Qvadriga Review (iOS)
For the past week, I’ve been playing--and more importantly, enjoying--one of the most unique sports titles on the iOS system. Qvadriga is a chariot-racing sim with a fair amount of management; enough, in fact, for the site PocketTactics to call it “Football Manager for classical Roman chariot teams.”
The game is broken into two distinct phases: turn-based chariot racing and squad management.
The chariot racing is elegantly simple. Every so often, you issue a command to your driver, from accelerating to changing lanes. The effectiveness of these commands is dependent on a number of factors, including your driver and horses’s skills, equipment condition, and what the other chariots are doing.
A few commands firmly place this game in the “chariot era.” You can whip your team, which provides a temporary speed burst with the possibility of horse injury. You can whip opposing teams and drivers, but have the potential to lose your whip in the process. You can issue the collide command, which can wreak havoc all around.
Other nice touches deepen the experience. Everything has either health or a condition, including each individual horse. It is possible to lose a horse mid-race; that horse’s carcass will lay on the track, potentially causing damage to any chariot that passes over it. Chariots can overturn if you don’t execute turns correctly; likewise, their debris will litter the field.
A driver without a chariot can only do two things: hold on or run for dear life. A stunned driver won’t be given the chance to receive a command. Teams without a chariot or a driver will block up lanes as they run aimlessly around the track.
Altogether, there is a lot to experience on the track. Again, the system is deep, but relatively straight forward and easy to pick up.
The game really shines in campaign mode, where you are give a three teams, chariots, and drivers. You choose a faction and receive an associated bonus.
From there, it’s up to you to navigate the Mediterranean area, visiting different cities and hopefully winning races. Victory equals cash, which can be used to heal, replace, or upgrade your chariots, horses, and drivers. For increased cash flow, you can bet on your races or unload unneeded stuff. Cities are diverse and specialized, but travel itself costs money.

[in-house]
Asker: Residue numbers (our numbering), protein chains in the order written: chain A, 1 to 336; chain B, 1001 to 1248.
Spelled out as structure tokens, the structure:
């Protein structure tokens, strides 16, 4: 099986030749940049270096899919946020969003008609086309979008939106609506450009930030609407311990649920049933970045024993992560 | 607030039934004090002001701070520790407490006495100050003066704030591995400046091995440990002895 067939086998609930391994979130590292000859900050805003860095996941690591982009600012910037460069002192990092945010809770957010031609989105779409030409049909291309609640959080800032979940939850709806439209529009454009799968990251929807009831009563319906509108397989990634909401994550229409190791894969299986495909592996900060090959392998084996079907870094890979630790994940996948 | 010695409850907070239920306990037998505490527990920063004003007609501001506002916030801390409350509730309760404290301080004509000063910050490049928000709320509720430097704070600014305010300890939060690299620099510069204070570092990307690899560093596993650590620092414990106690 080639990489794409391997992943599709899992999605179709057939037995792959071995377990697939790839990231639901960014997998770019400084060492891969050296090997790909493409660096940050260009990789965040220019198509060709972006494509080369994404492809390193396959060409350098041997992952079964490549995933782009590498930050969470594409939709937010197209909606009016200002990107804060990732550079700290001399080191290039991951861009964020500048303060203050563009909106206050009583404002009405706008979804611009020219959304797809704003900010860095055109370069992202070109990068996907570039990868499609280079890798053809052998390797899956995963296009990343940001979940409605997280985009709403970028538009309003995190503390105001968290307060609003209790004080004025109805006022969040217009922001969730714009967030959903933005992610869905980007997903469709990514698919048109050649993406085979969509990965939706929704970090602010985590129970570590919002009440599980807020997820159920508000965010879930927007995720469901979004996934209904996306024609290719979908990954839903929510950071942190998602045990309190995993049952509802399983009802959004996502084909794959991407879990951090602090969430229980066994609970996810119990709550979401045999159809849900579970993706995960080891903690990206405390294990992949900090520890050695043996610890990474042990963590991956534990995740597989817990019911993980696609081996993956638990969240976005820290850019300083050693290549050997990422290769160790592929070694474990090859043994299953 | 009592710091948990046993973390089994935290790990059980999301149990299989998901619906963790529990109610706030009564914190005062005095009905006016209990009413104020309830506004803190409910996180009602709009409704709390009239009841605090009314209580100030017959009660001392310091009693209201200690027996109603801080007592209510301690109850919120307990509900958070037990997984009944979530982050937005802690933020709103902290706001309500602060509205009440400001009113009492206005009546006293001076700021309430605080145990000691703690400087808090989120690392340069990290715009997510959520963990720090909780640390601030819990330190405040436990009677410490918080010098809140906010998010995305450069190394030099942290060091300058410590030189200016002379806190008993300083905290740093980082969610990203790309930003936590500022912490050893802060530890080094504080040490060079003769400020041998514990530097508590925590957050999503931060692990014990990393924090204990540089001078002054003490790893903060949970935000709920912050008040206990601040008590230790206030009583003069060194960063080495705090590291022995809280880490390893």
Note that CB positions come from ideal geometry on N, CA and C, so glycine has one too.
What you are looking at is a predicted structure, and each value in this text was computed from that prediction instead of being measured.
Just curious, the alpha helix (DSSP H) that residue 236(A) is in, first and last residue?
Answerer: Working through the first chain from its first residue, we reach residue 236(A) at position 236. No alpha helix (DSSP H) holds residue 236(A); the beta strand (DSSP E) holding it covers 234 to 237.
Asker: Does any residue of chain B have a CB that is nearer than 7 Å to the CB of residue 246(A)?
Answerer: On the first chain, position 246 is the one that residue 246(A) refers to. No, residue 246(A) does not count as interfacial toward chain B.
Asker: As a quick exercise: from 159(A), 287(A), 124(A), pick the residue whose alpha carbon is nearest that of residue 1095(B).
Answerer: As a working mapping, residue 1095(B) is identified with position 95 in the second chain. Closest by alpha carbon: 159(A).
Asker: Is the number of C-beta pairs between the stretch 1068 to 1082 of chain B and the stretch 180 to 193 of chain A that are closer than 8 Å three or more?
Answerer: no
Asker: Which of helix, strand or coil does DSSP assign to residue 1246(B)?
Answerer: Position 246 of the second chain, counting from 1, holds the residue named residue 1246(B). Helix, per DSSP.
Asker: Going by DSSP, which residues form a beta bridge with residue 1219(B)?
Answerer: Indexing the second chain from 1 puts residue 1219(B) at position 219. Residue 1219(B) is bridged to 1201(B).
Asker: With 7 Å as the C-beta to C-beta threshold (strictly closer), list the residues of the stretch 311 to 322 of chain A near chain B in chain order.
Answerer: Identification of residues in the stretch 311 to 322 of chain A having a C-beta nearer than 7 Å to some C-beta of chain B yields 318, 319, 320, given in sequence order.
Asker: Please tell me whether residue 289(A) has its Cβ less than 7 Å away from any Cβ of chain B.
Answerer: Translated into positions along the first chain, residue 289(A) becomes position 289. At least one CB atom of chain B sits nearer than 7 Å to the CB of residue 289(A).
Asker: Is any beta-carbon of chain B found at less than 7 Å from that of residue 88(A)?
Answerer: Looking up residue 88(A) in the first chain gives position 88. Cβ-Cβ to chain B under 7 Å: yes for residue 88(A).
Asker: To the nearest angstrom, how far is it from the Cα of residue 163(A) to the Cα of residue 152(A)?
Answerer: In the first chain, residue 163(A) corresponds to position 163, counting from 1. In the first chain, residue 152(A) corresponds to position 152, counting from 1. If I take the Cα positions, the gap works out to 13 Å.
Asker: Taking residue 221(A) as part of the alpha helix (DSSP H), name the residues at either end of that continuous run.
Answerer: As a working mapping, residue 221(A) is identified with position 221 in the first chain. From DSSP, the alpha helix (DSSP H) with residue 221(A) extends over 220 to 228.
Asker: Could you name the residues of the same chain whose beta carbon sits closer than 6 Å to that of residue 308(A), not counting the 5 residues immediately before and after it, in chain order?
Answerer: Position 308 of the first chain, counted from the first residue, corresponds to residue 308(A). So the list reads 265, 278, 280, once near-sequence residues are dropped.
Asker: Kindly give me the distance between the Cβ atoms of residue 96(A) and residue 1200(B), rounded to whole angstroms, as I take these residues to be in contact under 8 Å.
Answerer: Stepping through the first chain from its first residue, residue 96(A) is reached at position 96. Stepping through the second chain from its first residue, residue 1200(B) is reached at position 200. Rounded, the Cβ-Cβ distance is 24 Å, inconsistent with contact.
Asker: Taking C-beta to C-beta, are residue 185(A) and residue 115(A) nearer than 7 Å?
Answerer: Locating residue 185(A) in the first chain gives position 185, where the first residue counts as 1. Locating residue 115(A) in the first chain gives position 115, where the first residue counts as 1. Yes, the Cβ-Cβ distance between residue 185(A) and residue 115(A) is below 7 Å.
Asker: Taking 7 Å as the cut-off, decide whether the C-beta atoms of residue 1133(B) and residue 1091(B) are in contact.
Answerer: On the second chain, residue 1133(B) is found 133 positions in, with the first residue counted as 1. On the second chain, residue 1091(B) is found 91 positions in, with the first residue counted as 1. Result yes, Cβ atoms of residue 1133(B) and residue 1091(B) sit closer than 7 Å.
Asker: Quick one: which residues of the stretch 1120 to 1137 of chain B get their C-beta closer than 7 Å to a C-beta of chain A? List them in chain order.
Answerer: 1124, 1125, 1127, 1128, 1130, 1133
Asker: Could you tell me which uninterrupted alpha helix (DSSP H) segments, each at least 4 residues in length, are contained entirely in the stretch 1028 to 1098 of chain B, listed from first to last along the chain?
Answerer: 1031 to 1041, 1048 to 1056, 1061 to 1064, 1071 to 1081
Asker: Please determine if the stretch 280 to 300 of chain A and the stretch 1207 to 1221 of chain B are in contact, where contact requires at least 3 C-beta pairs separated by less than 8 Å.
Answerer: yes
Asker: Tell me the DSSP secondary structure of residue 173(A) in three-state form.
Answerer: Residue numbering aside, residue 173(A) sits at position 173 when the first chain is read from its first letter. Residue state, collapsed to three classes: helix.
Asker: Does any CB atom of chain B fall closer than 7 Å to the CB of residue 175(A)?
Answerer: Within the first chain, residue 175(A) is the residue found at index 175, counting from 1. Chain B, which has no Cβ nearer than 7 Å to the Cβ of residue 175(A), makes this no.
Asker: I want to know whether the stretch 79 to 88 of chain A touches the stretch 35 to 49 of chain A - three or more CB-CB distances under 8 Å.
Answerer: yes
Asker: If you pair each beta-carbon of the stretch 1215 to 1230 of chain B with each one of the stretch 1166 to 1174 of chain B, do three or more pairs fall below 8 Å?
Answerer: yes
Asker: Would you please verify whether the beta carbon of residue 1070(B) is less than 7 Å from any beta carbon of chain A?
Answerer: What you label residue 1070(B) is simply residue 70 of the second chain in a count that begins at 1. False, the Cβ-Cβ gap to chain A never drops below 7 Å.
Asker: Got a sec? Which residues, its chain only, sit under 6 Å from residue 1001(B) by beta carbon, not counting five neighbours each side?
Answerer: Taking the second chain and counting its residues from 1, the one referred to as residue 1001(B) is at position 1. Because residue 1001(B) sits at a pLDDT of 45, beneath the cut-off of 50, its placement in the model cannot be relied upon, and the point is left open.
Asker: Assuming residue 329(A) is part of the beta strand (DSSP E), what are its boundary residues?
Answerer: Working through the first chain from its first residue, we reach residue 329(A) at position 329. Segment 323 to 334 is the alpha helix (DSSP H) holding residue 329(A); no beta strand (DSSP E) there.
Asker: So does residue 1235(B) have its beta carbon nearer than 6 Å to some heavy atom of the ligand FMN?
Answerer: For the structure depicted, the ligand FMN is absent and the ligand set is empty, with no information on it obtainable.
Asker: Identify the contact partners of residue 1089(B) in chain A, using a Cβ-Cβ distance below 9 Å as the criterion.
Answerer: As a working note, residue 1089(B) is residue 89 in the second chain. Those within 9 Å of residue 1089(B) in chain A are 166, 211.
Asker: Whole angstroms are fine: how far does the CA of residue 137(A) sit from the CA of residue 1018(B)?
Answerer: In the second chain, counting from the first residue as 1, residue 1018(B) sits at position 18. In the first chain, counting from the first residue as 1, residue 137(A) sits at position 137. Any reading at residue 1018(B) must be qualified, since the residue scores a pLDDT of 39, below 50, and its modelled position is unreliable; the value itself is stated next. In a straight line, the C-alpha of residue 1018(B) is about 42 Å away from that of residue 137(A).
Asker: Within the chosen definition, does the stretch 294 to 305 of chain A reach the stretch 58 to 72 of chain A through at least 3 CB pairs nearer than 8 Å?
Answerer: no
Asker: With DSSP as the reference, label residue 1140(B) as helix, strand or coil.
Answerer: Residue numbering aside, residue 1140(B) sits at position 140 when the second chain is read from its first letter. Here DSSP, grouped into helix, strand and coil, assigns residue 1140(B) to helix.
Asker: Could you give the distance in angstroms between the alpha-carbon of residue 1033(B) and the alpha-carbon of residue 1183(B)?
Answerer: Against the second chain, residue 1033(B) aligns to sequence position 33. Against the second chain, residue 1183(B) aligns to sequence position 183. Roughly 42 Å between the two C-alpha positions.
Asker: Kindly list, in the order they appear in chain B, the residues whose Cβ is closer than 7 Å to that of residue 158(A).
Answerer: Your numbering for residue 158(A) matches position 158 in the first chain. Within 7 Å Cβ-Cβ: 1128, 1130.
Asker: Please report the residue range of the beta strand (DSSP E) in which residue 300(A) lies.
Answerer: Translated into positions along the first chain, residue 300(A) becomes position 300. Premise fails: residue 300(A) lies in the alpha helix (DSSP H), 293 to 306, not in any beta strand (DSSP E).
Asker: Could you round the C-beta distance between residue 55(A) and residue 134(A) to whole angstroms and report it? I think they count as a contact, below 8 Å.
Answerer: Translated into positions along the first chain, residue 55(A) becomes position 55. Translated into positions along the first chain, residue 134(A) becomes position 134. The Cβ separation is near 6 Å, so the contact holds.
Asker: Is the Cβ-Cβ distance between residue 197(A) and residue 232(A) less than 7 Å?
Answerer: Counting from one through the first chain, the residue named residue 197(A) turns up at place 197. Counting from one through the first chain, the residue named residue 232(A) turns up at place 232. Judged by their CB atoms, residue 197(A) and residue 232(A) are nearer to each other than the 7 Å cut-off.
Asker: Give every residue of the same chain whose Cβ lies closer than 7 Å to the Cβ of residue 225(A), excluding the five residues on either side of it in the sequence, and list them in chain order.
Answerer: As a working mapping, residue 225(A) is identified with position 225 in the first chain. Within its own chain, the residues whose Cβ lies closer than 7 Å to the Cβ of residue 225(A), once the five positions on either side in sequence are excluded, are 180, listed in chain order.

The biggest strategic element comes from mitigating damage received during a race by rearranging your team combinations. You can fix your best chariot by “resting” it, or you can gamble and hope that it comes back in one piece.
Overall, the graphics are a bit on the spartan side -- functional, but otherwise unremarkable. Graphically, this could be an online flash game.
However, the game does feature a nice set of symbols to indicate commands and skill levels. They take a bit of time to memorize, and I couldn’t find any way to look at them in-game. I caught a few misspelled words, as well.
This game is one of the most refreshing mobile sports games I’ve played in a long while. The campaign mode is deep, but the races are short enough to play while commuting or traveling this summer. The game is also tough, both in the tactical driving and the difficult task of managing your fragile team.
While Qvadriga is also available on PC, it’s a perfect fit on the iPad or Android device. Its standard price of $10 may seem a bit high, but this game will keep you racing for quite a while.